The sun has thrown us a fractal surprise. An unexpected pattern has been glimpsed in the solar wind, the turbulent plasma of charged particles that streams from the sun. It offers clues for handling plasmas that roil inside nuclear fusion reactors on Earth.
Composed of charged particles such as protons and electrons, the solar wind streams from the sun and pervades the solar system. Its flow is turbulent, containing eddies and moving at different speeds in different directions. It was thought that this turbulence was similar to that in a fluid, behaving like mixing ocean currents or the air flows that make aeroplane flights bumpy.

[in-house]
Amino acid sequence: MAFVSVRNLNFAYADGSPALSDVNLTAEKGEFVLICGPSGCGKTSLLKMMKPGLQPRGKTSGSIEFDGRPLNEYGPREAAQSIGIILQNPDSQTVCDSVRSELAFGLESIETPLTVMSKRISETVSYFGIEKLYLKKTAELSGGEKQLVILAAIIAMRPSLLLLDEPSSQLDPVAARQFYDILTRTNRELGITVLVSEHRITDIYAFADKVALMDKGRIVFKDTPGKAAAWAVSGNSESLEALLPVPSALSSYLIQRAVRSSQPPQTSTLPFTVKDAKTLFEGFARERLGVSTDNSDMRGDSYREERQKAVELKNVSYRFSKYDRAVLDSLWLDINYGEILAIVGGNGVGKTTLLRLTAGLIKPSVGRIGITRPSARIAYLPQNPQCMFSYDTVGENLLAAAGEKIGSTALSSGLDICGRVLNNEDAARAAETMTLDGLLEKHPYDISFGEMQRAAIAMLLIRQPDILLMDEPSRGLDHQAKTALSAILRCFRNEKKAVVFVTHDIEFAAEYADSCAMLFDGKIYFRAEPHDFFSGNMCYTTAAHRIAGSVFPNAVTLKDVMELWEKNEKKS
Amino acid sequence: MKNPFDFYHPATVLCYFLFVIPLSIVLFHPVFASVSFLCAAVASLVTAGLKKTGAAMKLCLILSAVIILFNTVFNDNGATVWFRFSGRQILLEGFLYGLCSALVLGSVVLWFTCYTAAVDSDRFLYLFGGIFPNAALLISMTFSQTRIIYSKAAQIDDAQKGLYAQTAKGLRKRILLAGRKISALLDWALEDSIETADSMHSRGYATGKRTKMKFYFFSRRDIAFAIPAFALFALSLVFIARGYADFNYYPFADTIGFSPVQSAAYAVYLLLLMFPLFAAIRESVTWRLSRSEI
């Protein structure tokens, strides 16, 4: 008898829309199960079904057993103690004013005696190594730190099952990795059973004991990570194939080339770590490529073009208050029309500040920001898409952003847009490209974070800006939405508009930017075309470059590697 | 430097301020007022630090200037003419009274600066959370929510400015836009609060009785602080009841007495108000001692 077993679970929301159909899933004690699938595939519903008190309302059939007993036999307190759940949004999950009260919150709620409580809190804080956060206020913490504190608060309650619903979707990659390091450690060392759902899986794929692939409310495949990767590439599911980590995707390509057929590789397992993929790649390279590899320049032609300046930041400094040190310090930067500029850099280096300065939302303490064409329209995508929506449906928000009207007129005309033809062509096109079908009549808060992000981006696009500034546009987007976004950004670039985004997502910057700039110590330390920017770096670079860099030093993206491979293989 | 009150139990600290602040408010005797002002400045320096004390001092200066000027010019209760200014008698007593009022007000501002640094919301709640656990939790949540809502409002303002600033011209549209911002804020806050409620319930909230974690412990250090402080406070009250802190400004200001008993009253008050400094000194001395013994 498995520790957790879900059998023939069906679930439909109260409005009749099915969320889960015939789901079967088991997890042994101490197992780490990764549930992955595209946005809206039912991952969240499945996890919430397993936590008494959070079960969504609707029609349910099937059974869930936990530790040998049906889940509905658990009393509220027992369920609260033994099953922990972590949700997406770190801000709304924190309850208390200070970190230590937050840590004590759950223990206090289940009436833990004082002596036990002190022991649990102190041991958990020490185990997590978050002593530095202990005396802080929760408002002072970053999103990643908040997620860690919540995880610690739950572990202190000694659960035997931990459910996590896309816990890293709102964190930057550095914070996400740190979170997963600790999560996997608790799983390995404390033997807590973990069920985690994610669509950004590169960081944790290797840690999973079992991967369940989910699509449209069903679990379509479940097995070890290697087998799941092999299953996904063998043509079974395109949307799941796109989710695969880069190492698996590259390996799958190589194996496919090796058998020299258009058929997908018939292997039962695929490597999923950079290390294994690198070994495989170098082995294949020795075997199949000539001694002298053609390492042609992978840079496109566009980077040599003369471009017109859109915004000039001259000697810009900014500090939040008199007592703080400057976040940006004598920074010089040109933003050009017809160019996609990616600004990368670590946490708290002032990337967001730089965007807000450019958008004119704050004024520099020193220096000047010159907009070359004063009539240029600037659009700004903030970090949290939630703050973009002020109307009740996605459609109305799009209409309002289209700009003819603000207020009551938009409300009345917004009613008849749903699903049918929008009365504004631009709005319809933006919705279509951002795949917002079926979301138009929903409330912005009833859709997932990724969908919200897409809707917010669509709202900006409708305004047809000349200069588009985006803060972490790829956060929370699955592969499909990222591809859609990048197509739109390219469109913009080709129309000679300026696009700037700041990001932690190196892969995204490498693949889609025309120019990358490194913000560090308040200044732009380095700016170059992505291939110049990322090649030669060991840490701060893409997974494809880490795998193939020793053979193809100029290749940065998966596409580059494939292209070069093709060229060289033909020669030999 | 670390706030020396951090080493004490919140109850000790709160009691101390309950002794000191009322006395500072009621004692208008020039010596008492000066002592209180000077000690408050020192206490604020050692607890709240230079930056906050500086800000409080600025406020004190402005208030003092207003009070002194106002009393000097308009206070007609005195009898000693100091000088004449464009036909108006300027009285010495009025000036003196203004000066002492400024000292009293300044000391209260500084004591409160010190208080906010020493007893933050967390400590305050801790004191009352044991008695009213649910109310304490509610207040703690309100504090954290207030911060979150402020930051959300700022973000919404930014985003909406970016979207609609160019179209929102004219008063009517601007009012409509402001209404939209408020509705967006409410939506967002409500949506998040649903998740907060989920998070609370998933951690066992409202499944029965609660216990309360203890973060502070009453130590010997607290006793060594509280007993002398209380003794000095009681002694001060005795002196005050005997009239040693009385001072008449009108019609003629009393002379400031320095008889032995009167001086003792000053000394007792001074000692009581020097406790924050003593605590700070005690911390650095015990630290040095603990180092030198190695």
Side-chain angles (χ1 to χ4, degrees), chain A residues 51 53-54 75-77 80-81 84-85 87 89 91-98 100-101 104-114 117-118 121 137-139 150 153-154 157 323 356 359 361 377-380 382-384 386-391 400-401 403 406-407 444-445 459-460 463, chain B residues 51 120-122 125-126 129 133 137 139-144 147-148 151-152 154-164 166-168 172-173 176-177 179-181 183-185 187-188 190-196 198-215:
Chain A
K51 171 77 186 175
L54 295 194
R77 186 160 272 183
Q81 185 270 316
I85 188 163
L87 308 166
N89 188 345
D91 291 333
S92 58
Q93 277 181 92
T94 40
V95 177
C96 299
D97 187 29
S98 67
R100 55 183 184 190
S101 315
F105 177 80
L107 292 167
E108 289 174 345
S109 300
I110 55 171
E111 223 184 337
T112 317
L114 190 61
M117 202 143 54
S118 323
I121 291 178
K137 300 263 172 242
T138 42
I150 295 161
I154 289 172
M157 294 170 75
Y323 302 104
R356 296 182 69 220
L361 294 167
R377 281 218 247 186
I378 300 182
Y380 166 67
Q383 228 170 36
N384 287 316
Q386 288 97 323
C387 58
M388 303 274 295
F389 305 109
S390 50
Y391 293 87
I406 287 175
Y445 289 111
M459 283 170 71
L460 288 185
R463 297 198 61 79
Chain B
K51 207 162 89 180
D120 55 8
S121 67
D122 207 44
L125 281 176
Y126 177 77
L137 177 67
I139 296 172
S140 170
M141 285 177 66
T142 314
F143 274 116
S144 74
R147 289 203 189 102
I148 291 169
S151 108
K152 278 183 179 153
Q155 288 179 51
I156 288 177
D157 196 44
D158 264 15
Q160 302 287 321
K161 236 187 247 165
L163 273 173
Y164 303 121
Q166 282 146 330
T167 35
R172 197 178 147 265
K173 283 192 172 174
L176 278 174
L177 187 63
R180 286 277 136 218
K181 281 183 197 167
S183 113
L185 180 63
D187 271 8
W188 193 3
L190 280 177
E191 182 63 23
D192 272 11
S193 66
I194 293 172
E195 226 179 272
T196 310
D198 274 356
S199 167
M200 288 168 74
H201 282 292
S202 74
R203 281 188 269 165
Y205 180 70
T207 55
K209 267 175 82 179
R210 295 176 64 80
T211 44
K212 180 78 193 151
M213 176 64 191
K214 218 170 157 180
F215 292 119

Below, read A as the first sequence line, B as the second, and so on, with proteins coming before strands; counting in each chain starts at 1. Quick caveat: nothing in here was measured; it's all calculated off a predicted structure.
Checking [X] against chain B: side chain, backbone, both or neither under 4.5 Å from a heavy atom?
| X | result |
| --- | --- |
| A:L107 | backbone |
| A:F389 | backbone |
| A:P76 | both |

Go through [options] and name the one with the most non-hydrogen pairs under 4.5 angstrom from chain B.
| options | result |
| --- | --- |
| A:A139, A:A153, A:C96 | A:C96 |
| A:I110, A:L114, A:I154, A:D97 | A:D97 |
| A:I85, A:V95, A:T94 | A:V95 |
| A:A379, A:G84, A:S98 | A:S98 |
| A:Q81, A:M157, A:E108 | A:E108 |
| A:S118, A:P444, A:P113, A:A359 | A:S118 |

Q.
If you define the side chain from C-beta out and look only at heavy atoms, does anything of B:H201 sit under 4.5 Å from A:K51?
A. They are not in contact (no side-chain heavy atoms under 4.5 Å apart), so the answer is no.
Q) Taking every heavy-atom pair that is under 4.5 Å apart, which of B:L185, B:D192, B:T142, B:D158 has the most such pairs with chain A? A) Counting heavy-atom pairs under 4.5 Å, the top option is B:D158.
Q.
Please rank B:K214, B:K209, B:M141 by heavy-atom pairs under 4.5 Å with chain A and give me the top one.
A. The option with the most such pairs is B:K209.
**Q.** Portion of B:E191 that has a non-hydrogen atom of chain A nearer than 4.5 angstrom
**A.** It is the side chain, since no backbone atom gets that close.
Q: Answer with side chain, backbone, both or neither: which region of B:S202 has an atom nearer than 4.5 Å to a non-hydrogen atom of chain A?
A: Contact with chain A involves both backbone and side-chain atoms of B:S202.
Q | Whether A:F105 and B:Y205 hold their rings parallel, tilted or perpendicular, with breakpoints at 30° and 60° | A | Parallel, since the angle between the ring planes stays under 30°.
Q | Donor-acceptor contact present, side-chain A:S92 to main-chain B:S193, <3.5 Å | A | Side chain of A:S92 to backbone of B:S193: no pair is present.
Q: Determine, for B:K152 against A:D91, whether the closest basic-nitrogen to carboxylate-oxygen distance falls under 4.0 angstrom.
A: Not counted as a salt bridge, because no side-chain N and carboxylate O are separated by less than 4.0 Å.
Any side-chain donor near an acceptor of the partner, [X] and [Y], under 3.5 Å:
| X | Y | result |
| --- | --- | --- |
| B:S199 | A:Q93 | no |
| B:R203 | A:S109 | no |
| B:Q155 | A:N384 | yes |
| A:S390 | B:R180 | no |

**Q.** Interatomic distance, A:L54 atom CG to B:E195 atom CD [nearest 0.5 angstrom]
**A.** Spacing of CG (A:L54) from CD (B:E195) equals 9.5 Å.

Now, Sandra Chapman of the University of Warwick, UK, and her colleagues have examined the solar wind's behaviour using NASA's twin STEREO spacecraft. One flies just within Earth's orbit around the sun, the other just outside it, allowing the pair to obtain unique measurements of solar wind behaviour.
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